|Presenters of the award for Best Original Song|
|Daniel Day-Lewis||Presenter of the award for Best Actress|
|Jessica Tandy||Presenter of the award for Best Actor|
|Jeff Bridges||Presenter of the film The Godfather Part III on the Best Picture segment|
|Tom Cruise||Presenter of the award for Best Director|
|Barbra Streisand||Presenter of the award for Best Picture|
|Bill Conti||Musical arranger and conductor||Orchestral|
|Billy Crystal||Performer||Opening number: |
Goodfellas (to the tune of "Goody Goody"),
Dances With Wolves (to the tune of "Dancing in the Dark" from The Band Wagon),
Ghost (to the tune of "L-O-V-E"),
The Godfather Part III (to the tune of "Speak Softly Love" from The Godfather) and
Awakenings (to the tune of "All the Way")
|Madonna||Performer||"Sooner or Later" from Dick Tracy|
|Children's choir||Performers||"Somewhere in My Memory" from Home Alone|
|Reba McEntire||Performer||"I'm Checkin' Out" from Postcards from the Edge|
|Bon Jovi||Performers||"Blaze of Glory" from Young Guns II|
|Harry Connick Jr.||Performer||"Promise Me You'll Remember (Love Theme from The Godfather Part III)" from The Godfather Part III|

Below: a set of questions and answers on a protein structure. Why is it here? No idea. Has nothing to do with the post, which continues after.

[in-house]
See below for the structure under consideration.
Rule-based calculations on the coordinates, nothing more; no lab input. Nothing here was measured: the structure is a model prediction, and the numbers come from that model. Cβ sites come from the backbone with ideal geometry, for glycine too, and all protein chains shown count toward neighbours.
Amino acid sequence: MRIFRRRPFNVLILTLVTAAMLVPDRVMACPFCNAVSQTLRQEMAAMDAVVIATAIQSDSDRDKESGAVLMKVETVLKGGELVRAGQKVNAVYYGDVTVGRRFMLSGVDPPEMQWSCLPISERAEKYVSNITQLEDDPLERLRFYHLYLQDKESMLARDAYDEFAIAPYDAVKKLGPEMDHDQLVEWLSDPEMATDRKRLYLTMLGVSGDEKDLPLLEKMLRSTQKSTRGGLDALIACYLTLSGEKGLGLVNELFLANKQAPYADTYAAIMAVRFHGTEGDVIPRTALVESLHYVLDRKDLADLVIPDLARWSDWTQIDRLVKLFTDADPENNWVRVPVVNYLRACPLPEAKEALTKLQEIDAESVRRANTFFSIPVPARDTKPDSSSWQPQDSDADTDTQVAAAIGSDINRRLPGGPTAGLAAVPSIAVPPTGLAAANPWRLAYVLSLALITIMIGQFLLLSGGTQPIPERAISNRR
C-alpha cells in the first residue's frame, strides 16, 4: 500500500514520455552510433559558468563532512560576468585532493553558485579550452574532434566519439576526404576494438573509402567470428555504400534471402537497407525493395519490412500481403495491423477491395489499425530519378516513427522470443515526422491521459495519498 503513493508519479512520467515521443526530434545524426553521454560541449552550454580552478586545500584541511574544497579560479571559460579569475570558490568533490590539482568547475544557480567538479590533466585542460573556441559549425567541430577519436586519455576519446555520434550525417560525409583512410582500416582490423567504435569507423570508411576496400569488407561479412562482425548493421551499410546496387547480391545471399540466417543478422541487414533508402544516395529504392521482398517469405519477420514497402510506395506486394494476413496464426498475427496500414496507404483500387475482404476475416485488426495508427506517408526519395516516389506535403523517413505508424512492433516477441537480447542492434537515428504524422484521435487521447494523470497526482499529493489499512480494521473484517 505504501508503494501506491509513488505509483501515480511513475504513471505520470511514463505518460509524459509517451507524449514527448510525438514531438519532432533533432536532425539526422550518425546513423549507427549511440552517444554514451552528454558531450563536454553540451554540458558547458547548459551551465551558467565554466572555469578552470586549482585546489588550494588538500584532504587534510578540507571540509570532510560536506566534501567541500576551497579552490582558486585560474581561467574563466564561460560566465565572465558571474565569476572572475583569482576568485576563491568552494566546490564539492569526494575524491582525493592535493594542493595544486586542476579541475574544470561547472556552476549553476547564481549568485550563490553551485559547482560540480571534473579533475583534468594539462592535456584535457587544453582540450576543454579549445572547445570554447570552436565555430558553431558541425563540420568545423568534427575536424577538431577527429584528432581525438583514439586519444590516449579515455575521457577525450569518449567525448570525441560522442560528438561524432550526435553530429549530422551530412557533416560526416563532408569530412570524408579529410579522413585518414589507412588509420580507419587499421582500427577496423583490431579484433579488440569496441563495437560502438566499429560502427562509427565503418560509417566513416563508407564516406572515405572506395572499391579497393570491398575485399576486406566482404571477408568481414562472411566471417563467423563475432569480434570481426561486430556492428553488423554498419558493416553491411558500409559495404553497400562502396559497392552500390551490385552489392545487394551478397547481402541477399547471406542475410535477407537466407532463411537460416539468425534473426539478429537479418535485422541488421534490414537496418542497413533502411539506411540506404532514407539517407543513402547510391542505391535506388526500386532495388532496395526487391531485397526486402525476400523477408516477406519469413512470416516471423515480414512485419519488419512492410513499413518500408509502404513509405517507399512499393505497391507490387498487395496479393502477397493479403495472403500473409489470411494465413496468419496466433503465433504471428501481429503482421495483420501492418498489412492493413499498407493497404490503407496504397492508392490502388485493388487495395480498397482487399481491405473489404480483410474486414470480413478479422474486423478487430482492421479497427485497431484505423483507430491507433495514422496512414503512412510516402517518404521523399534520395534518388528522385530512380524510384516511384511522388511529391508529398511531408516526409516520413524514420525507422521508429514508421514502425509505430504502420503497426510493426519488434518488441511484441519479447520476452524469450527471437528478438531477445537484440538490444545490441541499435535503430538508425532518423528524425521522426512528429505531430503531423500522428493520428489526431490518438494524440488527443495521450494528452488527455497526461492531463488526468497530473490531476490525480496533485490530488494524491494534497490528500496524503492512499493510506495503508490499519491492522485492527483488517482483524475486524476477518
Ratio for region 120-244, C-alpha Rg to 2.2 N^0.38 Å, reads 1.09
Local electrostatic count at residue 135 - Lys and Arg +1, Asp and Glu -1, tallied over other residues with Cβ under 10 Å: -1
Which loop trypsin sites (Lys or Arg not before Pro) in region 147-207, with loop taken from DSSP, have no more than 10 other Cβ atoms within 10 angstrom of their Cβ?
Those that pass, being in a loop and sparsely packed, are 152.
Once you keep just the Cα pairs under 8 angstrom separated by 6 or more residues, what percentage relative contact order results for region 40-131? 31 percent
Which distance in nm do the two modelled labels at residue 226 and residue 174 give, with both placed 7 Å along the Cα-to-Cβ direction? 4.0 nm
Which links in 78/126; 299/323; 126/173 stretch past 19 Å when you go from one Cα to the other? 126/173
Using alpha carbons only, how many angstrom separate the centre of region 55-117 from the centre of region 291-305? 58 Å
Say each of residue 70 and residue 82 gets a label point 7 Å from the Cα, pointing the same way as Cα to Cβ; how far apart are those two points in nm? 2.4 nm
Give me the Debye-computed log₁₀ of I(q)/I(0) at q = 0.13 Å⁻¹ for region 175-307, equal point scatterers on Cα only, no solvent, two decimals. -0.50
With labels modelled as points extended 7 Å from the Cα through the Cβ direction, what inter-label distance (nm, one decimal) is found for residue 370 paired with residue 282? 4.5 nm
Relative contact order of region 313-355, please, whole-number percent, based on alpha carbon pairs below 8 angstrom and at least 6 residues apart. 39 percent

Riding on the critical praise from last year's ceremony, the Academy rehired former film producer and former Directors Guild of America president Gilbert Cates to oversee production of the Oscar ceremony for the second straight time. Two months before the awards gala, Cates selected actor and comedian Billy Crystal to host the show for the second consecutive year. In a statement released by AMPAS, Crystal joked, "It's a great honor, and I hope to bring the show in under nine hours."
As with the last year's theme of "Around the World in 3 1/2 Hours," Cates centered the show around a theme. He christened the ceremony with the theme "100 Years of Film" in celebration to the centennial of the development of both the kinetoscope by Thomas Edison and celluloid film by Eastman Kodak. In tandem with the theme, the show featured an ambitious opening segment. Actor Michael Caine introduced the segment live via satellite from the Salon Indien du Grand Café in Paris, where the short film L'Arrivée d'un train en gare de La Ciotat made its debut in 1895. After a brief clip of the film, the show cut back to the Shrine Auditorium stage where actress Jasmine Guy and other dancers performed whilst a montage of film clips were projected in the background. Filmmaker Chuck Workman filmed a vignettes featuring actors such as Sally Field, Andy García, and Anjelica Huston discussing the first movie he or she watched.